An alternative is the Easy Dry or Top Dry systems, says Sumner. In these systems, the drying floor is in the top of the bin. You put in 2 to 3 feet of grain, dry it down, pull a lever, and it drops into the bottom of the bin. Then you move that grain to another bin. After it drops out, you refill it.

With continuous-flow drying, he explains, grain comes in at the top and goes out the bottom. A thin layer — two thirds to 1.5 feet — moves continuously through the drier, first through a drying section and then through a cooling section. Continuous loading and unloading is required, and fan requirements are 75 to 125 CFM per square foot. Heat requirements also are very high, at 180 to 200 degrees F.

“The grain comes in wet, goes out dry, and it's running continuously, says Sumner. “The capacity of these can range from 200 to 1,400 bushels per hour. If you're going to remove 10 to 12 points, that capacity drops lower. As you remove fewer moisture points, your capacity increases with these systems. These dryers have automatic controls, but it's very important that you learn how to use them.”

When selecting drying equipment, it's important to match your dryer to the harvest rate and how long it will take that grain to dry, he says.

“You also want the capability of drying multiple grains — not only corn but maybe beans and wheat. The air-flow rate needs to be sufficient to match the harvest rate and to have sufficient heat. As the grain gets deeper, it'll take more energy to move the air. As the depth of grain increases, your air flow decreases.”

Peanut drying equipment also can be used for drying corn, says Sumner. “There are several sizes and capacities out there, from 14 to 28-foot trailers. There are also semi-trailers, and all have been designed for drying peanuts with a particular fan. Your operation may be designed for one type of trailer, or you may have from a 12 to a 21 or 28-foot trailer. The air flow ranges with these types of units, from 50 to 100 CFM per square foot. That's based on 2 feet of grain in the trailer.”

One of the big differences between corn and peanuts, he says, is the density. “We can round up a peanut wagon with peanuts and not worry about overloading it. But if you round up a peanut wagon with corn in it, it might not make it down the road — it could fold in half on you. Keep that in mind — if you're going to use these units, even just to transport grain, make sure your labor understands that the wagon cannot be filled to capacity or you might not have them for harvesting peanuts.”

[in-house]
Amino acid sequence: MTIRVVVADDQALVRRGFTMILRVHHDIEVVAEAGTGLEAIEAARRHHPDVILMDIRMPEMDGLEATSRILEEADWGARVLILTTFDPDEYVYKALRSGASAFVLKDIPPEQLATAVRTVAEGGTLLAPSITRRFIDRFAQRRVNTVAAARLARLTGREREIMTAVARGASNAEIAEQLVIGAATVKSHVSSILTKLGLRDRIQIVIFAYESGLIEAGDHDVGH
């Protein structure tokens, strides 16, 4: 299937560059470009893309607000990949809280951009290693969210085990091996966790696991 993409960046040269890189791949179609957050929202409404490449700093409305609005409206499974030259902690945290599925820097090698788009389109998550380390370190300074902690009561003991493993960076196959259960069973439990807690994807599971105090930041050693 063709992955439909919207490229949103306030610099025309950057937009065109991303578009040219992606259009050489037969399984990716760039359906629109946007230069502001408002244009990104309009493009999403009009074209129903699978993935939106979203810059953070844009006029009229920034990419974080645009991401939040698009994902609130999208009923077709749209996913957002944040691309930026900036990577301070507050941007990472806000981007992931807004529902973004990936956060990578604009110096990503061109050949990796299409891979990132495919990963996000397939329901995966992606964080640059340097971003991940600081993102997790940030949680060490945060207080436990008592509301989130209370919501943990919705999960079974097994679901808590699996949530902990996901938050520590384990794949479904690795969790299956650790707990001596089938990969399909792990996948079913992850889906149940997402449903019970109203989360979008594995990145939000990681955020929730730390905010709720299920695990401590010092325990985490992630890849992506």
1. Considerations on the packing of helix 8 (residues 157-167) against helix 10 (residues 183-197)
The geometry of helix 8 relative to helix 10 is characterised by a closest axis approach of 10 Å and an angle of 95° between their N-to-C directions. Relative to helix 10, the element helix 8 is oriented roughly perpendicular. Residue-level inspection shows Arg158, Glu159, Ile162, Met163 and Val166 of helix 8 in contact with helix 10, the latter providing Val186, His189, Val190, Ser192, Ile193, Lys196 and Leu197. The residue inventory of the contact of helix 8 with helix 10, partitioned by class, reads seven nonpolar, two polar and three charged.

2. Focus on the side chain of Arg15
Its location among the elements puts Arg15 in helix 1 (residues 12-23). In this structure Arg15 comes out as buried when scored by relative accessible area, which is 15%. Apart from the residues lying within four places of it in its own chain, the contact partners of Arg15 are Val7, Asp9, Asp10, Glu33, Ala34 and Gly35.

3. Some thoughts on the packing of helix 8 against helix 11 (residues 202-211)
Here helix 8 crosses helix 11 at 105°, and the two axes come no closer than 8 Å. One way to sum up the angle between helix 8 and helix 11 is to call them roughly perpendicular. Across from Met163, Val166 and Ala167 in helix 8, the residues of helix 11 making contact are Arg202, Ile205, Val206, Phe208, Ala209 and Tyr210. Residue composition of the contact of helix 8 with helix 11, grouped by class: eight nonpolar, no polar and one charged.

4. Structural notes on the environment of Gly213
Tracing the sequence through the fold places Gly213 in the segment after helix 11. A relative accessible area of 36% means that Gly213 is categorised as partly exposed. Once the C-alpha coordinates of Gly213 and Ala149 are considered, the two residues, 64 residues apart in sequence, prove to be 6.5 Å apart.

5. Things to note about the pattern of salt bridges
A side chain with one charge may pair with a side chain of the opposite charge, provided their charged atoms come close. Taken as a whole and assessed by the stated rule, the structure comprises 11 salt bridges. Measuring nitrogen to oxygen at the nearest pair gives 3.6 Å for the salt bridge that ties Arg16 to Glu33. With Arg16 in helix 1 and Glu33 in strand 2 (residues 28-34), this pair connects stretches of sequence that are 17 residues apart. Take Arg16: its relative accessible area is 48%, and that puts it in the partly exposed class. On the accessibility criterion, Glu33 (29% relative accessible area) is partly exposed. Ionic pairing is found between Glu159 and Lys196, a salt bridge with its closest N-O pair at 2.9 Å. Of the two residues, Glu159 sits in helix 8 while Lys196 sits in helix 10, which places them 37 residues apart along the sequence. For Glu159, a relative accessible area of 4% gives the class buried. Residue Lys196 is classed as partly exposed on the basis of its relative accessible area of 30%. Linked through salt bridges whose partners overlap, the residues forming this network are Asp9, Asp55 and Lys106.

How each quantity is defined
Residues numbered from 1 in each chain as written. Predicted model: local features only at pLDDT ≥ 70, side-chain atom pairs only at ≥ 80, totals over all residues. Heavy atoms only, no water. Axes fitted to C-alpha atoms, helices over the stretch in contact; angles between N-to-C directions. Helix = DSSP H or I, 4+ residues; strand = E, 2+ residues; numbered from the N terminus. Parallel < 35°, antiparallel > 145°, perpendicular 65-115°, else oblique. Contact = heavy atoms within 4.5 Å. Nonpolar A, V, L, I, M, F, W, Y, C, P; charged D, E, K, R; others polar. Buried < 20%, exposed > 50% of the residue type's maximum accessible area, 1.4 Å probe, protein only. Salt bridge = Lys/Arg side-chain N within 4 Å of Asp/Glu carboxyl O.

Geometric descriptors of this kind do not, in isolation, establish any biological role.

The burners in peanut wagons have been designed mainly for 95 to 105-degree air, says Sumner.

“You don't want the drying air for peanuts to get any higher because it will cause splitting of the kernels. These burners probably can give you a 50 to 70-degree rise in temperature. That means if its 70 degrees outside, you might get from 120 to 140 degrees air temperature out of it. You're limited by that — you can't put a peanut dryer on your peanut wagon, with corn in it, and be able to turn it up to 160 degrees. The thermostat on that dryer probably only goes to 140 degrees maximum and some only go to 120. It that's the case and you think you can get 140 degrees from it, you'll have to replace the thermostat.”

There are peanut dryers that have been designed for peanuts and grain, and they have a larger burner capacity, he says.

“In the past few years, we've seen more semi-trailers being used for peanuts. They were designed — from an air-flow standpoint — for peanuts. But manufacturers of these units have come up with an alternative design for grain. Most are not designed to have shelters built for them. They sit outside, so you have to deal with the rain. They can be used, but it's important not to go above the grain line.”

In a peanut wagon, at a depth of 2 feet, corn capacity will range from 180 up to 580 bushels, so the volume of grain is limited, says Sumner.

“When the air-flow rate is increased, drying time is reduced but fuel usage per bushel will increase because you're removing the moisture faster. The air capacity will go down if we decrease the depth of the grain.”

If a grower plans to store corn on the farm, he can dry down to 15-percent moisture and start aerating, he says. “For short-term storage, you can get by with 15. If you store for longer than three months, you need to get grain down to 11 or 12 in south Georgia. Three points of moisture equals dollars, and you have to ask yourself if you can make that up on long-term storage.”

Shrink will also be a factor in storing corn, he says. “If you put in 1,000 bushels at the end of harvest, you won't pull out 1,000 bushels six months later. Shrinkage will occur, and there will be less grain.”

Some farmers, says Sumner, are considering temporary grain storage. “Out in the Midwest and in the northern U.S., they do a lot of this. Flat storage is a possibility, where you put up a 4 or 6-foot wall and put grain in it. One thing to keep in mind if you're going to build something is that you have a lot of sidewall pressure with corn. As the depth of the corn increases, more lateral pressure is placed on the sidewall.

“The other factor in flat storage is that you need aeration. It's no different from putting cotton seed in flat storage. Basically, if you're going to move grain, you need to aerate it after moving it. If you dry it in another facility and move it to flat storage, you need to aerate it. If you don't aerate corn, moisture will condence and cause problems.”